There is just one week left until the 2022 General Election on November 8th. With several big races on the ballot this year, it’s important to make sure you have all the knowledge you need before casting your vote.
That’s where we come in. Here, you will find links to several resources provided by the state of Connecticut, as well as some reporting from CII, to make sure you go into the polls armed with information.
What if I’m not registered to vote?
If you’re new to Connecticut, have moved, recently turned 18, or just haven’t had a chance to register yet, there is still time. The last day to register to vote before the election is Tuesday, November 1st.
The easiest way to register is through the state’s online portal but you can also register in person at your local registrar’s office or by mail by printing out a registration form at home. The registration form must be postmarked by November 1st if you want to vote in next week’s election.
You can also register on election day, if you need to. You will need to go to a designated Election Day Registration location, rather than your polling place.
If you aren’t sure about your registration status, you can look it up online.
Where is my polling place?
If you don’t know where to go on election day, don’t worry. You can look up your polling place in the same place you check your registration status.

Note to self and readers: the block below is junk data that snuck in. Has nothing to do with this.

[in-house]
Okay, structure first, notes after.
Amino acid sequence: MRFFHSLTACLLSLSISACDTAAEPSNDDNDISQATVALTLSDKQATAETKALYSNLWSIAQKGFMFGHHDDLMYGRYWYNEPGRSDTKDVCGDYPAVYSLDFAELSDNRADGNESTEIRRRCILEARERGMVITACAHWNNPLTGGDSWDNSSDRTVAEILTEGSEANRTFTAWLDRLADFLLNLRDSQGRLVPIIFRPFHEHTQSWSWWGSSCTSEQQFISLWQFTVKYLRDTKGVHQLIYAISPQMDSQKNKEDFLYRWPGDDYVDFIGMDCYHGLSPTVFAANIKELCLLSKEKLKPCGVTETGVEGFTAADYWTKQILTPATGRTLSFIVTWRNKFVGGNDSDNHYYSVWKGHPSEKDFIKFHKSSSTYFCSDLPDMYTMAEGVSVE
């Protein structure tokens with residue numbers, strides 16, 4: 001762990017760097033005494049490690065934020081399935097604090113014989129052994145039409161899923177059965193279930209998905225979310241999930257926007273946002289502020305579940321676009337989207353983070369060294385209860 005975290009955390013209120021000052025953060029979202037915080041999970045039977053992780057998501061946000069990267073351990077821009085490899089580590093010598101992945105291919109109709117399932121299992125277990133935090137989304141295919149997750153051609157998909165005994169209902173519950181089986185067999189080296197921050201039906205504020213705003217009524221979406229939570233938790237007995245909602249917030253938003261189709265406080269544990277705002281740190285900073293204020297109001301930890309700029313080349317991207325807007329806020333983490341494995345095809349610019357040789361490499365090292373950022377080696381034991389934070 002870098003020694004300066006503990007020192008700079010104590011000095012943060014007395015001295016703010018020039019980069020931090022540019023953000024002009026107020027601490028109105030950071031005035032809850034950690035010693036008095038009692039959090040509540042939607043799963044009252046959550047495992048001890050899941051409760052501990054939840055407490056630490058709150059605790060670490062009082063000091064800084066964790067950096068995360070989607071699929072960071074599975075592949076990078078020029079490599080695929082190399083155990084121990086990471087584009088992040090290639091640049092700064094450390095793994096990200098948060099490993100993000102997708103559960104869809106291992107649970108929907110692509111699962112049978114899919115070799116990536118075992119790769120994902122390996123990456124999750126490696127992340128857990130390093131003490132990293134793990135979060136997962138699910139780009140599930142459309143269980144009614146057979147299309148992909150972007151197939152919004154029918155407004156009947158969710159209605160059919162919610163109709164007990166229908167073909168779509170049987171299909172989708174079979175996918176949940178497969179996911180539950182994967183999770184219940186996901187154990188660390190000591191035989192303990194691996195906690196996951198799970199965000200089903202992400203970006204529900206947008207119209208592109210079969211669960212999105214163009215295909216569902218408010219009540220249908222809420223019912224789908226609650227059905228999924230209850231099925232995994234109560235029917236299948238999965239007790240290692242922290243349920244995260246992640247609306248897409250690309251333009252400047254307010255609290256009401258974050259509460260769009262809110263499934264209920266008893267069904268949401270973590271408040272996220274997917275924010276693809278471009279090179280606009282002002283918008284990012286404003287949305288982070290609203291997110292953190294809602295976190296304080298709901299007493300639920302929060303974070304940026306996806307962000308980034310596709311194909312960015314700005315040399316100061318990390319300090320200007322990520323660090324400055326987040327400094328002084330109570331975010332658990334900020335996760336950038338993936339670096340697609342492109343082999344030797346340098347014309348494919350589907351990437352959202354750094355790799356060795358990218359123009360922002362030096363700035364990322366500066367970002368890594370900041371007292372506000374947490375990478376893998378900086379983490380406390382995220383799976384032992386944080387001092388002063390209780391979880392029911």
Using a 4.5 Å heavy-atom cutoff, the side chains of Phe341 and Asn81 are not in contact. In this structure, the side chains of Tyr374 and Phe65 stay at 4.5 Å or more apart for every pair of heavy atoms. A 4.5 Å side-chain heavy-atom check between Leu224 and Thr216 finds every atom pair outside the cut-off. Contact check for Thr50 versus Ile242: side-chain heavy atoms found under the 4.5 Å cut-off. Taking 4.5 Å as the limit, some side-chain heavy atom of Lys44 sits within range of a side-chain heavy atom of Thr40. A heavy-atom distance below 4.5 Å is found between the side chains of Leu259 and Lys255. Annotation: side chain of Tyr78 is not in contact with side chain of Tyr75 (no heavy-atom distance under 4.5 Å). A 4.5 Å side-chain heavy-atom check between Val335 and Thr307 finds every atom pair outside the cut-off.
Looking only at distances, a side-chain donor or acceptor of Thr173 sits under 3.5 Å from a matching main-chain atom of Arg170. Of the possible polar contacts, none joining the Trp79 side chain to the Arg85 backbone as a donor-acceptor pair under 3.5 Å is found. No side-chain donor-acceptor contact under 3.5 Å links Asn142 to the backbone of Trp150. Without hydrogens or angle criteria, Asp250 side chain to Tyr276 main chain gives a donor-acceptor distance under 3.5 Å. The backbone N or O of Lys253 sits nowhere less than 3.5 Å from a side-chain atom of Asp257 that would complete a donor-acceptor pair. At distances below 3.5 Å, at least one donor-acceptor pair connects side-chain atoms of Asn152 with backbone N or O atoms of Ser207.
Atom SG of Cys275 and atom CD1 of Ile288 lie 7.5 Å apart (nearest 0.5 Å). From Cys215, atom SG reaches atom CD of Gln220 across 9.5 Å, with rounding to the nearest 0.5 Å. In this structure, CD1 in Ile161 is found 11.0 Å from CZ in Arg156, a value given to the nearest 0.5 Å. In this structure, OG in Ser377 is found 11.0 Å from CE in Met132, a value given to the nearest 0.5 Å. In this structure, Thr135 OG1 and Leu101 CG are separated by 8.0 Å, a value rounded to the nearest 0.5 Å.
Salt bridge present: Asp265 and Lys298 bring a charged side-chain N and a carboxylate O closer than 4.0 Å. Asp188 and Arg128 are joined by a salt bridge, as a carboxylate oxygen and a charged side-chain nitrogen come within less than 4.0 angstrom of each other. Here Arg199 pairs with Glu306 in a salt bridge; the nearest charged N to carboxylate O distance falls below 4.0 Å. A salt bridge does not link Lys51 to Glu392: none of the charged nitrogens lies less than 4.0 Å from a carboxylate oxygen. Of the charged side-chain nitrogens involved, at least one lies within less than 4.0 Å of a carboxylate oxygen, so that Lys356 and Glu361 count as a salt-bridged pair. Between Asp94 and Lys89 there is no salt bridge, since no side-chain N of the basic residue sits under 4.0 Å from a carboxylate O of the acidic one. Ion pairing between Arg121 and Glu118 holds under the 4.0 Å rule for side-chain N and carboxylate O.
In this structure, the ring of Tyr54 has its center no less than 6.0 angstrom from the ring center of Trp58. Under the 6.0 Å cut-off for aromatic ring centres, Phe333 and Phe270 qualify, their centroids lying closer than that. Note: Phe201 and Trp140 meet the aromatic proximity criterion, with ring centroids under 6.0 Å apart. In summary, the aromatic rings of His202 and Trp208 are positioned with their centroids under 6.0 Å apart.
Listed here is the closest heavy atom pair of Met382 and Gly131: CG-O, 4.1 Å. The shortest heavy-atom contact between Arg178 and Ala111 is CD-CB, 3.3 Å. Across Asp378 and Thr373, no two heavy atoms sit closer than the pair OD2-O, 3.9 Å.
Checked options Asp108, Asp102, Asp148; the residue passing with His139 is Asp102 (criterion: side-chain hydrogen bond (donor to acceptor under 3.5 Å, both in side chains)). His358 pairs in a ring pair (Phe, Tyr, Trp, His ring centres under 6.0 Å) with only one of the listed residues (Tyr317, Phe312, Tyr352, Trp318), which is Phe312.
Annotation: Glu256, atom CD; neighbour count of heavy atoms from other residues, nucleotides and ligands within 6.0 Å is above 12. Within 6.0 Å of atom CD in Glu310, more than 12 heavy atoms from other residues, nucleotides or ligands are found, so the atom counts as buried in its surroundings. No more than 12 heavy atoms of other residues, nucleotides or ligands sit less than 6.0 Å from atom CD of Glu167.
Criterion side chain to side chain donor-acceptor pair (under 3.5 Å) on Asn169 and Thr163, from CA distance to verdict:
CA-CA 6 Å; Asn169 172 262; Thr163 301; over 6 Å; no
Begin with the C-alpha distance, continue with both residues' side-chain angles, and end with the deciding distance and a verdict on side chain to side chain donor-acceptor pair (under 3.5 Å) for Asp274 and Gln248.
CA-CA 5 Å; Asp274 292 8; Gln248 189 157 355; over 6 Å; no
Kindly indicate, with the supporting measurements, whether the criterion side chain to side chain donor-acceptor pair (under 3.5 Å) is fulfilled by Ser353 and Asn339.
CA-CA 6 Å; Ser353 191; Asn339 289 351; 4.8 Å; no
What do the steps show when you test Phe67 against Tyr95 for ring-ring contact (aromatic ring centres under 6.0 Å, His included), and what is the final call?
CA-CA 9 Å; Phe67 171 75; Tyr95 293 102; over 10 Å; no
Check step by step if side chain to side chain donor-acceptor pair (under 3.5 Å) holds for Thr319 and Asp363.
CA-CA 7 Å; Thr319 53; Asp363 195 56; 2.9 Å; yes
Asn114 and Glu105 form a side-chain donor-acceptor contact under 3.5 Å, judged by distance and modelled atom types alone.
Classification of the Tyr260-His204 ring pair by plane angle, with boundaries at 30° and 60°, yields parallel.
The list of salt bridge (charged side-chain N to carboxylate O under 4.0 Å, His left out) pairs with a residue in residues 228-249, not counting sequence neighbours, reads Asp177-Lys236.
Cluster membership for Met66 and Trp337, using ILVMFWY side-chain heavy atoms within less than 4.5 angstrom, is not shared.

What time are the polls open?
Polls in CT are open from 6 am to 8 pm. If you are in line by 8 pm, you are allowed to vote.
Do I need ID to vote?
Yes and no. When you show up at your polling location to vote, you will be asked for identification. If you do not have an ID, you can instead sign an affidavit which will be sent to the Secretary of the State’s office. You can find all the info on Connecticut’s Voter ID rules here.
What’s on the ballot?
It isn’t a presidential election year but it is still a big one for local and national seats. The highest offices on the ballots this year will be congressional, with every member of the House of Representatives up for re-election.
Additionally, Connecticut has one Senate seat up this year. Incumbent Richard Blumenthal (D-CT) is facing off against GOP challenger Leora Levy.
The biggest race for Connecticut voters, though, will likely be the one for Governor. The current governor, Ned Lamont, is once again up against Republican Bob Stefanowski. Independent Robert Hotaling stands as the only third-party candidate in the race.
Lamont will appear on the ballot as the candidate for three separate parties, but he does still count as one person.
If you would like a little additional background information on the frontrunners and who they have been working with during the campaign, CII has a breakdown of campaign expenditures.
In addition to the major races, there are also state General Assembly seats, as well as much more local positions, up for grabs. These vary depending on where you live. You can look up a sample ballot for your town here.
What about ballot questions?
There is only one ballot question this cycle. The measure would amend the state constitution to allow for early voting during election season and is supported by the Secretary of the State’s office.
If the amendment is approved by voters, it will allow the Connecticut General Assembly to pass legislation establishing early, in-person voting for future elections. Currently, voters must cast ballots in person at their polling place on election day unless they meet the requirements to vote via absentee ballot.